Ayaan Hirsi Ali is a Dutch Member of Parliament and author of the film ‘Submission.’

 

 

 

3 comments

  1. 1
    Shaker Srinivasan

    An important point not explicitly addressed in Ayaan’s talk is that gender apartheid is not only commanded in the Qur’ an and Hadith, but it’s also the law today in many Islamic countries. In a related story, Abu Azmi, a ranking member of the India Socialist (Samajwadi) Party lamented the absence of law in India to punish women who engage in sex outside marriage:

    Any woman if, whether married or unmarried, goes along with a man, with or without her consent, should be hanged. Both should be hanged. It shouldn’t be allowed even if a woman goes by consent … Rape is punishable by hanging in Islam. But here, nothing happens to women, only to men. Even the woman is guilty. Girls complain when someone touches them, and even when someone doesn’t touch them. It becomes a problem then… If rape happens with or without consent, it should be punished as prescribed in Islam.

    Azmi’s comments followed another statement by his party boss, Mulayam Singh Yadav, in reference to the conviction and sentencing of three serial rapists in the Mumbai Shakti Mills Rape Case:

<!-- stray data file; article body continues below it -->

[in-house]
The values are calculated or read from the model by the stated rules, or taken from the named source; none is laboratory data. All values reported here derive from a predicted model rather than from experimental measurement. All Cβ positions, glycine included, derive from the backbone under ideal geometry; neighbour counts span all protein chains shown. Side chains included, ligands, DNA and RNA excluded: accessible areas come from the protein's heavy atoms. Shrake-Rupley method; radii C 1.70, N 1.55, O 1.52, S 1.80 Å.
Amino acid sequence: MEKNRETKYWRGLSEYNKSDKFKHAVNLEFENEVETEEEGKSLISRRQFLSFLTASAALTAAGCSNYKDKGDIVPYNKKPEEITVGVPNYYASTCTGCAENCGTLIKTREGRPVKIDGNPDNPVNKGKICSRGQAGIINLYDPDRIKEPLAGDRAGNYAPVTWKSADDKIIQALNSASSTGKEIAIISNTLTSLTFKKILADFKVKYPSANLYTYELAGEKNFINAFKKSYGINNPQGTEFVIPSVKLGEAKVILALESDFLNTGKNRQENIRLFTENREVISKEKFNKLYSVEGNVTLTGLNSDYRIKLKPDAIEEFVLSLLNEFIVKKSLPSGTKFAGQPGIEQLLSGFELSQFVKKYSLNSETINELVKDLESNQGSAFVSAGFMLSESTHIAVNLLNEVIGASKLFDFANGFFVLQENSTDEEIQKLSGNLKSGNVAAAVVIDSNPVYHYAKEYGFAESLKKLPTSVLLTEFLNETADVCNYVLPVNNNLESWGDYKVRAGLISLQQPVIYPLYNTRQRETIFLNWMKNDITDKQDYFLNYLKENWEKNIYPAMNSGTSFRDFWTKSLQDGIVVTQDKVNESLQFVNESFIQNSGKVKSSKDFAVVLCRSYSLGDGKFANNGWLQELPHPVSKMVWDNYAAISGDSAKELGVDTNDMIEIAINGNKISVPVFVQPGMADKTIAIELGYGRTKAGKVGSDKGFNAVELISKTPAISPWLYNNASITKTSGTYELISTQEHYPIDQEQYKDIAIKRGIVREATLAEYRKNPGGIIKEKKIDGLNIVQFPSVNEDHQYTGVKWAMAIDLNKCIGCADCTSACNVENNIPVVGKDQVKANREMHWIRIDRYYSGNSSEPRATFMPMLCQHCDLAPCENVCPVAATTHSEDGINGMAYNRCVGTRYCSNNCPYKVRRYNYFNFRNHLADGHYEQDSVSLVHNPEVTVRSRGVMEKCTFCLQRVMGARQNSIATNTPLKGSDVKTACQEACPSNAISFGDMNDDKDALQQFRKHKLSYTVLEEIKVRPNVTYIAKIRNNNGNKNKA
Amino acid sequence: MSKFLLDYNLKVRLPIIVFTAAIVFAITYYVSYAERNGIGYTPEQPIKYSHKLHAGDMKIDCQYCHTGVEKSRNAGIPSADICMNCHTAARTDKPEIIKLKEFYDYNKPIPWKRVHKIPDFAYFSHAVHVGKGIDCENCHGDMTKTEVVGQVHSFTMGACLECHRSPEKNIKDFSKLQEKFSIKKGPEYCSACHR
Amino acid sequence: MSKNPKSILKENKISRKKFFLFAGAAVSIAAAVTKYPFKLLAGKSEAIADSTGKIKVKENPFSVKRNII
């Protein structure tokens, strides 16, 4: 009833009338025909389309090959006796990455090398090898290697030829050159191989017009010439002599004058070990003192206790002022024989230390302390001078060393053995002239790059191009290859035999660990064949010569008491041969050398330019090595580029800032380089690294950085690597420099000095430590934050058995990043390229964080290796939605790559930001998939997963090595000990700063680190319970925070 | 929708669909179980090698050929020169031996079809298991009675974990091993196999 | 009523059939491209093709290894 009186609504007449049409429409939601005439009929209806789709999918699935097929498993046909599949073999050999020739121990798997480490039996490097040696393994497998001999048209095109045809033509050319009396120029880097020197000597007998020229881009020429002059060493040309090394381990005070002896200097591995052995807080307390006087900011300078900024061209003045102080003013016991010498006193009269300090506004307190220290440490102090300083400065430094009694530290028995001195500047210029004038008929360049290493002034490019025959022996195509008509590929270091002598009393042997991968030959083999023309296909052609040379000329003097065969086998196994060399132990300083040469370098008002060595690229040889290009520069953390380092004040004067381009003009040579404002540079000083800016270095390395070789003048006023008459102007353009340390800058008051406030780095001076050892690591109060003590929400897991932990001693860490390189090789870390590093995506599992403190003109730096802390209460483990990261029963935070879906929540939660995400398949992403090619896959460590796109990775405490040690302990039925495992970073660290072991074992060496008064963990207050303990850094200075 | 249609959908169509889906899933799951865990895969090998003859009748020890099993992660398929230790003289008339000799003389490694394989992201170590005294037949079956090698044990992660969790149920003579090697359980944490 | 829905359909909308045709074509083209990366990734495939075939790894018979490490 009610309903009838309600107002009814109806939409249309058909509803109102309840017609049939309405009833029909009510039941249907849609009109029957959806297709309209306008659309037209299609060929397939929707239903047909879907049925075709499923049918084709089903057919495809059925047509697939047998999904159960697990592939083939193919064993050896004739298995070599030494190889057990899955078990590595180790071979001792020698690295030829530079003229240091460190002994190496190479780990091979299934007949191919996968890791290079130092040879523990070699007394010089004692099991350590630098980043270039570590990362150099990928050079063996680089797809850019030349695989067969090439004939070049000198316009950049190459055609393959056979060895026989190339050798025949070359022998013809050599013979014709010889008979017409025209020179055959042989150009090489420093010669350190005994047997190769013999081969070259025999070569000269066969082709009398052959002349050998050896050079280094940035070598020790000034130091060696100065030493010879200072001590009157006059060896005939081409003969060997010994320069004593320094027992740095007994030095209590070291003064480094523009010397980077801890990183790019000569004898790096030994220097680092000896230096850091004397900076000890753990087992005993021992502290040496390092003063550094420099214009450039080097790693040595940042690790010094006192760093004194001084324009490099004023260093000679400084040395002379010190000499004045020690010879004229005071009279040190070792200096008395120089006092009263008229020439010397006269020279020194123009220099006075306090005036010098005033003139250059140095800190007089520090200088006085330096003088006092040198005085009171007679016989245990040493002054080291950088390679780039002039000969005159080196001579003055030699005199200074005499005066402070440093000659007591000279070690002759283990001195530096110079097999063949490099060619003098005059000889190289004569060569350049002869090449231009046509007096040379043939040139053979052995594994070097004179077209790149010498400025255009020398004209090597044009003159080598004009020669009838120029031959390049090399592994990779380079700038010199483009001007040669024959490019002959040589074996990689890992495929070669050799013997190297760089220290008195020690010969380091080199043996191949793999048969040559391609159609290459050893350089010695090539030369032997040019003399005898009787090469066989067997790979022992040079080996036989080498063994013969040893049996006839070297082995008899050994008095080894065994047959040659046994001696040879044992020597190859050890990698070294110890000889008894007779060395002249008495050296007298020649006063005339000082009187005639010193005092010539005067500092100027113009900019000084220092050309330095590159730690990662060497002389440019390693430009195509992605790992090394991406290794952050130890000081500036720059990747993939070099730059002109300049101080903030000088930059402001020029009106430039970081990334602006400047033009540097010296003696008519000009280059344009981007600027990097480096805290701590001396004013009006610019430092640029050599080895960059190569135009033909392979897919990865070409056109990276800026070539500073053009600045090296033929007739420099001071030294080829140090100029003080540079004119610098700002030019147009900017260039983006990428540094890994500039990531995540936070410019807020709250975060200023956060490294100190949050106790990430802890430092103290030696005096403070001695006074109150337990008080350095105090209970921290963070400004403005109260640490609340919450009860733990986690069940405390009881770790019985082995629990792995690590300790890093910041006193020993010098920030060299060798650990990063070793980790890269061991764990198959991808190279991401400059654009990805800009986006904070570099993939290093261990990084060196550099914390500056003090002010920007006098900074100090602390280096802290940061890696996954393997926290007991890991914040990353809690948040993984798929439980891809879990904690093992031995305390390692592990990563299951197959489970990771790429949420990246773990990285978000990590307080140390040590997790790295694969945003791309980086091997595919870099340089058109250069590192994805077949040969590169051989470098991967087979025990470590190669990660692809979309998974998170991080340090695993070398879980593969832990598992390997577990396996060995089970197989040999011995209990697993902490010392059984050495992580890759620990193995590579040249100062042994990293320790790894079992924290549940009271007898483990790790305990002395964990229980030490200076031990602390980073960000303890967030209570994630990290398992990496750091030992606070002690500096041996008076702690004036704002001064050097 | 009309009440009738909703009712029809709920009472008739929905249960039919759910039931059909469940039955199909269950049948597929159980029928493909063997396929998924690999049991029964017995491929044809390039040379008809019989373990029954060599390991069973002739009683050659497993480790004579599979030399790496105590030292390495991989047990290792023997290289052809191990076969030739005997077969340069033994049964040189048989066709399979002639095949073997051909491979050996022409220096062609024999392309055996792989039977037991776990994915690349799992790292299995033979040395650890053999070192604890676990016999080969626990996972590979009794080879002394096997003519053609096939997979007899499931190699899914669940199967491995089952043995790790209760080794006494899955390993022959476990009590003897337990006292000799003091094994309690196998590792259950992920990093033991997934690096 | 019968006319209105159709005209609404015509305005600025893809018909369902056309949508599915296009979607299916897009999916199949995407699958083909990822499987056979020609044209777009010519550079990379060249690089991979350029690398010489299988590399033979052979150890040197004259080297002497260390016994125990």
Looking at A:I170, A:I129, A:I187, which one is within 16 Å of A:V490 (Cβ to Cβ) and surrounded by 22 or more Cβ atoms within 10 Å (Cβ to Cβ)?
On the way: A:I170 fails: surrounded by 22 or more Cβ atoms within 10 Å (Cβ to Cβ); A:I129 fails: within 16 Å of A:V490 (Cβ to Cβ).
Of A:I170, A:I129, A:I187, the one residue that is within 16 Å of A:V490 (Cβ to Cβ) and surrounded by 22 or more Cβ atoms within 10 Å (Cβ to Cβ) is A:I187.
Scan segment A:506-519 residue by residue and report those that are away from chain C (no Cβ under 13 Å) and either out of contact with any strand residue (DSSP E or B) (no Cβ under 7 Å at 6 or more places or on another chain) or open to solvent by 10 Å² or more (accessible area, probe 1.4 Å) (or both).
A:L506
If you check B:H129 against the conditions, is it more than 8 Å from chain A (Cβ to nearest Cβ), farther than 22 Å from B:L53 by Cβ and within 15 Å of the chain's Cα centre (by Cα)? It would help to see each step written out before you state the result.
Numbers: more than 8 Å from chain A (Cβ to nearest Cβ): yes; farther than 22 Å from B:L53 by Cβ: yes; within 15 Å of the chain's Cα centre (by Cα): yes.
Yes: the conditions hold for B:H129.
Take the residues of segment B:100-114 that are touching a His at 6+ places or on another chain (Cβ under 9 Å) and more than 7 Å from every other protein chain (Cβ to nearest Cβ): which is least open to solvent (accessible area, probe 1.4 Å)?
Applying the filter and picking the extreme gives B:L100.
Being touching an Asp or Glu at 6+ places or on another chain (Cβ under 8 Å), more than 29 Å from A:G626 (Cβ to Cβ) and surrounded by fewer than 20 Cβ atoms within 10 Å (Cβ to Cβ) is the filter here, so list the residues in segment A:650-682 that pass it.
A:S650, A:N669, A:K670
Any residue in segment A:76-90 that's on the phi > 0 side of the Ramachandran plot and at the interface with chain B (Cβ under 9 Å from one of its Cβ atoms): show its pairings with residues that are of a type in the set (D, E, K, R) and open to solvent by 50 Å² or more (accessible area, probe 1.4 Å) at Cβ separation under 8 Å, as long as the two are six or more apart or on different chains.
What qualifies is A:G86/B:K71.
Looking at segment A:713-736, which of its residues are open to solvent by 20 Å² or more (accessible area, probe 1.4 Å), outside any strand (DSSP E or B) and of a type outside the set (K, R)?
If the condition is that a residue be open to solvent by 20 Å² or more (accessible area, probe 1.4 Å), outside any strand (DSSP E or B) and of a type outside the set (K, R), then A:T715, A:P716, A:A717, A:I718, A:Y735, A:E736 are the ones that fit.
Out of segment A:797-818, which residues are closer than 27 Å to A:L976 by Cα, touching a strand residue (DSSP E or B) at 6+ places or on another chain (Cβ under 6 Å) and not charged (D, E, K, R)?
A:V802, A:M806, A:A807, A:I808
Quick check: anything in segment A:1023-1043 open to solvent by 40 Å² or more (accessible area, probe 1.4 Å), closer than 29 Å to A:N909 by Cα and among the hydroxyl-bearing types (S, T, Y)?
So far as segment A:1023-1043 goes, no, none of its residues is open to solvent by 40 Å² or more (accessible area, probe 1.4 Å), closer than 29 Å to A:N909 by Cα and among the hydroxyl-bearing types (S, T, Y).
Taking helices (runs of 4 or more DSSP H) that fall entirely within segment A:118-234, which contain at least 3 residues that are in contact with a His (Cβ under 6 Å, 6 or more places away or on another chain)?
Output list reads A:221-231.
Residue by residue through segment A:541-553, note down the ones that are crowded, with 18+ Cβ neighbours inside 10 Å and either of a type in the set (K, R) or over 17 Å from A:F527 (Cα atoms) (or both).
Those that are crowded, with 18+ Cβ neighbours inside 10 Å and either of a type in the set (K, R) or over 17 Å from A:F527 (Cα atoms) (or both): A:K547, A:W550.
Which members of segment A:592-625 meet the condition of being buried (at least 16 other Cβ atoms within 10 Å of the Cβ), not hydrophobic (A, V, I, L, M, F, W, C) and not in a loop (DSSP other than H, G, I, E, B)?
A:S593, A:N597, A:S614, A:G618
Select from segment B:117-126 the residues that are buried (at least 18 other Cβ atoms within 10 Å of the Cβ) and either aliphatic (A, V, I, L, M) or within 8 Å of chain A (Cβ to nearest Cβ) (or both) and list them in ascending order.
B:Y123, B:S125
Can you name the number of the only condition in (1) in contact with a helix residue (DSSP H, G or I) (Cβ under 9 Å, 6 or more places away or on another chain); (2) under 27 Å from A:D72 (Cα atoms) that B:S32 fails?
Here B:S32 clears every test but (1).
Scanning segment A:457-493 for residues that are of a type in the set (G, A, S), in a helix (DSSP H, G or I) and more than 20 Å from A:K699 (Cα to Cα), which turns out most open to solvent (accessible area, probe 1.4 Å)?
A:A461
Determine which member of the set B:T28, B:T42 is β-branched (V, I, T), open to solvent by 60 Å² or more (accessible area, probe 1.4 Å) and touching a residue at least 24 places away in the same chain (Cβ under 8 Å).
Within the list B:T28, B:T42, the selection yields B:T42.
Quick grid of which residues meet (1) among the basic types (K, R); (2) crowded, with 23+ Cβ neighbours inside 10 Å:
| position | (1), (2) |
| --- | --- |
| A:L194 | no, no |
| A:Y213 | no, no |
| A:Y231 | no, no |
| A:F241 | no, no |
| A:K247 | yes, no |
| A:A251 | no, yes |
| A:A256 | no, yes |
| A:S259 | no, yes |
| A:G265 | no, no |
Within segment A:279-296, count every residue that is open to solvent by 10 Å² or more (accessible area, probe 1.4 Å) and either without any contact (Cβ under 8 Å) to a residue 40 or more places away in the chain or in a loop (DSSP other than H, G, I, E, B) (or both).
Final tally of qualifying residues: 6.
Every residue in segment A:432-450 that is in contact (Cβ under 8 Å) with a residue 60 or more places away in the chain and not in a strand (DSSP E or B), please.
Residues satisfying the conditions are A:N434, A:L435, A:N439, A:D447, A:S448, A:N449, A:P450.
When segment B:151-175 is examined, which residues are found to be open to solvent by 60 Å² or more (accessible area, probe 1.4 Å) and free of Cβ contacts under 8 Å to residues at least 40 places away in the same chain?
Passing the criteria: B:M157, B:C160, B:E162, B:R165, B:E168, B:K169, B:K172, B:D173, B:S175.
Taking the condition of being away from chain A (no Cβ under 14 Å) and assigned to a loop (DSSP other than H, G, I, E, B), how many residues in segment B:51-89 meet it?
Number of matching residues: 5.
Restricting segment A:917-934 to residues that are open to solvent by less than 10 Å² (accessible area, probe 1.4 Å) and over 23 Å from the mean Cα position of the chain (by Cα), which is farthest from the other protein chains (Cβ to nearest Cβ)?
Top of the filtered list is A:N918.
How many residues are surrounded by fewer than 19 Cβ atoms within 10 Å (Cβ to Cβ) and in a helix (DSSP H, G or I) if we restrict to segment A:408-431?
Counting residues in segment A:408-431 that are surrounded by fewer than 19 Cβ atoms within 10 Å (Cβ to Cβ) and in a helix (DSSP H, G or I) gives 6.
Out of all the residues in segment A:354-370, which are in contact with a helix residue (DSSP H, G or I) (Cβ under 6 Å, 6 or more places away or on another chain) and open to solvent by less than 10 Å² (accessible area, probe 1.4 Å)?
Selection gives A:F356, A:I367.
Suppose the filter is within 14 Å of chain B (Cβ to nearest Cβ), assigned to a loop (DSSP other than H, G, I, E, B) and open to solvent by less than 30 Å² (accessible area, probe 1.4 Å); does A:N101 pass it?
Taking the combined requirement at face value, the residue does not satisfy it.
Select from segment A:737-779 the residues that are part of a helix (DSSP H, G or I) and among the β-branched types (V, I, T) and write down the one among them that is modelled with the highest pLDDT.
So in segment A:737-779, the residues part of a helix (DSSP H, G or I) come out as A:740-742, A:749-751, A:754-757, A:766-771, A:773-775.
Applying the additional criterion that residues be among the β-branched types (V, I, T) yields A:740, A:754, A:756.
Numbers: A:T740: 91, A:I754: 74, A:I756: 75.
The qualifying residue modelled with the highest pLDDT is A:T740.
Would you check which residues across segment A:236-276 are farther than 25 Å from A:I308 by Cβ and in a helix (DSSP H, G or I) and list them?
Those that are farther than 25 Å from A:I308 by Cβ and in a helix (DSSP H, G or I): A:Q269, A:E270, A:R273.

Boys and girls ….later they had differences, and the girl went and gave a statement that I have been raped. And then the poor fellows, three of them have been sentenced to death. Should rape cases lead to hanging? They are boys, they make mistakes. Two or three have been given the death sentence in Mumbai. We will try and change such laws…we will also ensure punishment of those who report false cases.

    As evidenced by the rather muted reaction from progressive Indians, these speeches are likely to be dismissed as politicians, in the midst of elections, pandering to their constituents [two of three sentence for the rapes are Muslims, and one hails from the district where the speech was made where Muslims are near majority]. What worries me, however, is the chilling effect it could have on women who have started to come forward to report rapes in defiance of all the odds stacked against them in that conservative society.

  2. 2
    Ophelia Benson

    I saw that story today, via the Secularism, Philosophy and Culture group on Facebook. I should do a post on it…

  3. 3
    Shaker Srinivasan

    Looking forward to it!